On Ending a Health Care Fallacy

Here it’s argued that we need to retire the health care fallacy, “We spend more on health care than other rich countries but have worse outcomes.” The fallacy implies U.S. health care is deficient in spite of being costly. Indeed our health care costs too much, but there is little evidence that our care is less effective than care in other countries. On the other hand, there’s plenty of evidence that our social determinants of health are worse.

The argument segues off a recent article by Victor Fuchs. The case is presented by using a simple linear model to explore how life expectancy might change when we substitute the numbers of other countries’ determinants of health for U.S. numbers. After making these substitutions and holding health care spending constant the model predicts U.S. life expectancy is right there with the other OECD countries, 81.6 years compared to their average 81.4 years. This what-if modelling makes clear what should be obvious but the fallacy hides, that health care is only one part of population health.
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On Refusing to Expand Medicaid

Robert Pear wrote in the Times that the refusal by “states to expand Medicaid will leave millions of poor people ineligible for government-subsidized health insurance…” 1 Indeed, the refusals will do that, as well as worsen what instead should be remedied. In the following I present a graph of two chronic diseases over the 50 states. Those states which have opted out of the Medicaid expansion are identified. Additionally each state’s poverty rate is indicated. The take-away is that populations in greater need are being further disadvantaged. A conjecture is presented as to why. Continue reading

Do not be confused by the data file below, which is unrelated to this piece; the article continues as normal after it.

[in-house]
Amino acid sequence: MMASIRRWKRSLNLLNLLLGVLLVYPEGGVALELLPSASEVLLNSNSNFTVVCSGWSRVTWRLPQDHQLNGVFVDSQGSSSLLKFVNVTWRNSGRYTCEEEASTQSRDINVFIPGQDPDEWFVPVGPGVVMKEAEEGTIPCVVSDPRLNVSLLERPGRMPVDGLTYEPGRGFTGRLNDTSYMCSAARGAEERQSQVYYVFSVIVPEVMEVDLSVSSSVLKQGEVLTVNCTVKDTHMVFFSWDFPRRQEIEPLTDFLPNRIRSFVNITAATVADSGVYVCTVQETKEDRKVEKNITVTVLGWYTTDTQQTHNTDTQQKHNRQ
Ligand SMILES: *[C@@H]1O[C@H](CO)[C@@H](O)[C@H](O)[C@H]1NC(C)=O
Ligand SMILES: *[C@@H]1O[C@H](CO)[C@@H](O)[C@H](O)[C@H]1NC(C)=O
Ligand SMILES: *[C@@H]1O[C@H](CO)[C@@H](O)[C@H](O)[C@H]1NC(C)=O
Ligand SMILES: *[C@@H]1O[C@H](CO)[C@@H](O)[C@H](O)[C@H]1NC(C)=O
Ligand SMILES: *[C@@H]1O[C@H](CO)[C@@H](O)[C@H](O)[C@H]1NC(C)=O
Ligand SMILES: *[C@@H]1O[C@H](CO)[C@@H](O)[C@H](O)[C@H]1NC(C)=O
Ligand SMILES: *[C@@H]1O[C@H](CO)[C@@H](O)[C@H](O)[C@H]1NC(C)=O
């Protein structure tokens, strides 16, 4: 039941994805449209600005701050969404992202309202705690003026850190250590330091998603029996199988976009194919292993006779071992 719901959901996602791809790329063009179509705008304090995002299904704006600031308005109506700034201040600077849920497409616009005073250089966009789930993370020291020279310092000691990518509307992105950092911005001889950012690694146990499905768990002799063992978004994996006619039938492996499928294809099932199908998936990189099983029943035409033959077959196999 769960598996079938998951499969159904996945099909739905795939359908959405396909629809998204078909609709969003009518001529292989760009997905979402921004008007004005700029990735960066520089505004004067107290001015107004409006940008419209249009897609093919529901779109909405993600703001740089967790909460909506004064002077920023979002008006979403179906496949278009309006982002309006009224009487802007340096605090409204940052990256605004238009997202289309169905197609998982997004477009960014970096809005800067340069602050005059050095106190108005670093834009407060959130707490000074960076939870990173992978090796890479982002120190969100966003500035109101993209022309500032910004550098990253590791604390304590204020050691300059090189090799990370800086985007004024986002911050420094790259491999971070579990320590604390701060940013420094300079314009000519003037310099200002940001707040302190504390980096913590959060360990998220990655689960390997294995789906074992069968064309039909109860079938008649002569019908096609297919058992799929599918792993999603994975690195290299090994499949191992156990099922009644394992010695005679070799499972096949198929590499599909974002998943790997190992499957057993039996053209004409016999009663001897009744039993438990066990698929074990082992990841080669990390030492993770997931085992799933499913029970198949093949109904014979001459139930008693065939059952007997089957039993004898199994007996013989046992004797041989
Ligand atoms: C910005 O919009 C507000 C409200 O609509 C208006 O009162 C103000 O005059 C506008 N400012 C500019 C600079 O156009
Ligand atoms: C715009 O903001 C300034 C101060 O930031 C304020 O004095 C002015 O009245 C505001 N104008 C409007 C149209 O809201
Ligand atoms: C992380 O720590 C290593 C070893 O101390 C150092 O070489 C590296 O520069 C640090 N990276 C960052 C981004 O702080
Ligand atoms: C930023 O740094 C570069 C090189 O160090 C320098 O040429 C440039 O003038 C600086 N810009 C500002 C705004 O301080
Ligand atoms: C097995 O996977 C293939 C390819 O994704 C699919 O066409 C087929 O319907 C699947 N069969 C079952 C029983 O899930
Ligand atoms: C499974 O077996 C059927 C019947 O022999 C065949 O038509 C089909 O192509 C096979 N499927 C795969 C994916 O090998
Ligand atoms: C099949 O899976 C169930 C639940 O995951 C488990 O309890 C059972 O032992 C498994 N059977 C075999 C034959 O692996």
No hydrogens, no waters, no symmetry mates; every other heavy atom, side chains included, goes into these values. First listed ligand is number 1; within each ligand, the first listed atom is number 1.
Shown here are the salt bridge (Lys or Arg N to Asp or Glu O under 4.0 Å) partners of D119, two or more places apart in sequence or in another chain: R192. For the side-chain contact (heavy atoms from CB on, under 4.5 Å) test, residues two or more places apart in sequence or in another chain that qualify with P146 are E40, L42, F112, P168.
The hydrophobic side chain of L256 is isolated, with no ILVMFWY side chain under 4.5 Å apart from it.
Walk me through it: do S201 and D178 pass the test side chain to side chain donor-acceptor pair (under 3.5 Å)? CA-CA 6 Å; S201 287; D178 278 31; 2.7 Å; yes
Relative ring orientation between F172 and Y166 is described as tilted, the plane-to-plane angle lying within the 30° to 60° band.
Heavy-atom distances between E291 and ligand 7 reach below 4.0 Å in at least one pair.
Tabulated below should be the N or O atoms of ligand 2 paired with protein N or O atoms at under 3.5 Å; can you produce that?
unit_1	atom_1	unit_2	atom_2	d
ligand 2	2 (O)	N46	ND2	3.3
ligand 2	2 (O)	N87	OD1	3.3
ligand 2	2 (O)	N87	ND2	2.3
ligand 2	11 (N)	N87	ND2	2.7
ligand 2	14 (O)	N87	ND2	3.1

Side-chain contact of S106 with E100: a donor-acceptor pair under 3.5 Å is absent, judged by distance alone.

1. http://www.nytimes.com/2013/05/25/us/states-policies-on-health-care-exclude-poorest.html?hp&pagewanted=print

A Fresh Look at Health Care Cost Growth

In this post I recast the visual display of international health care expenditures. For select OECD countries, this clearly shows the growth of average costs has been moderating while U.S. cost-growth has been accelerating. The graph methodology is discussed along with a caution about marginal thinking. A conjecture is presented as to why the OECD cost-growth is moderating followed by a couple thoughts for action. Continue reading

Hold that Health Care Shibboleth

“We spend far more on health care than other peer countries yet have worse outcomes. Why is U.S. health care so expensive?” I’m sure you’ve encountered similar statements, maybe even expressed it yourself. It occurs often, including by knowledgeable people and health-related institutions. However, it’s a fallacy because it confuses health care with population health. Continue reading

The Human Cost of Ideology IV

Our environments of education, living, and work manifestly determine our health and are often referred to as Social Determinants of Health (SDH). The social determinants are in addition to our genes and behaviors. They are external attributes, rather than internal. What I find striking about international comparisons is other developed countries promote healthier SDH and have superior population health outcomes. Why is the U.S. different? Continue reading

The Human Cost of Ideology: Health, Medicaid and Conservatism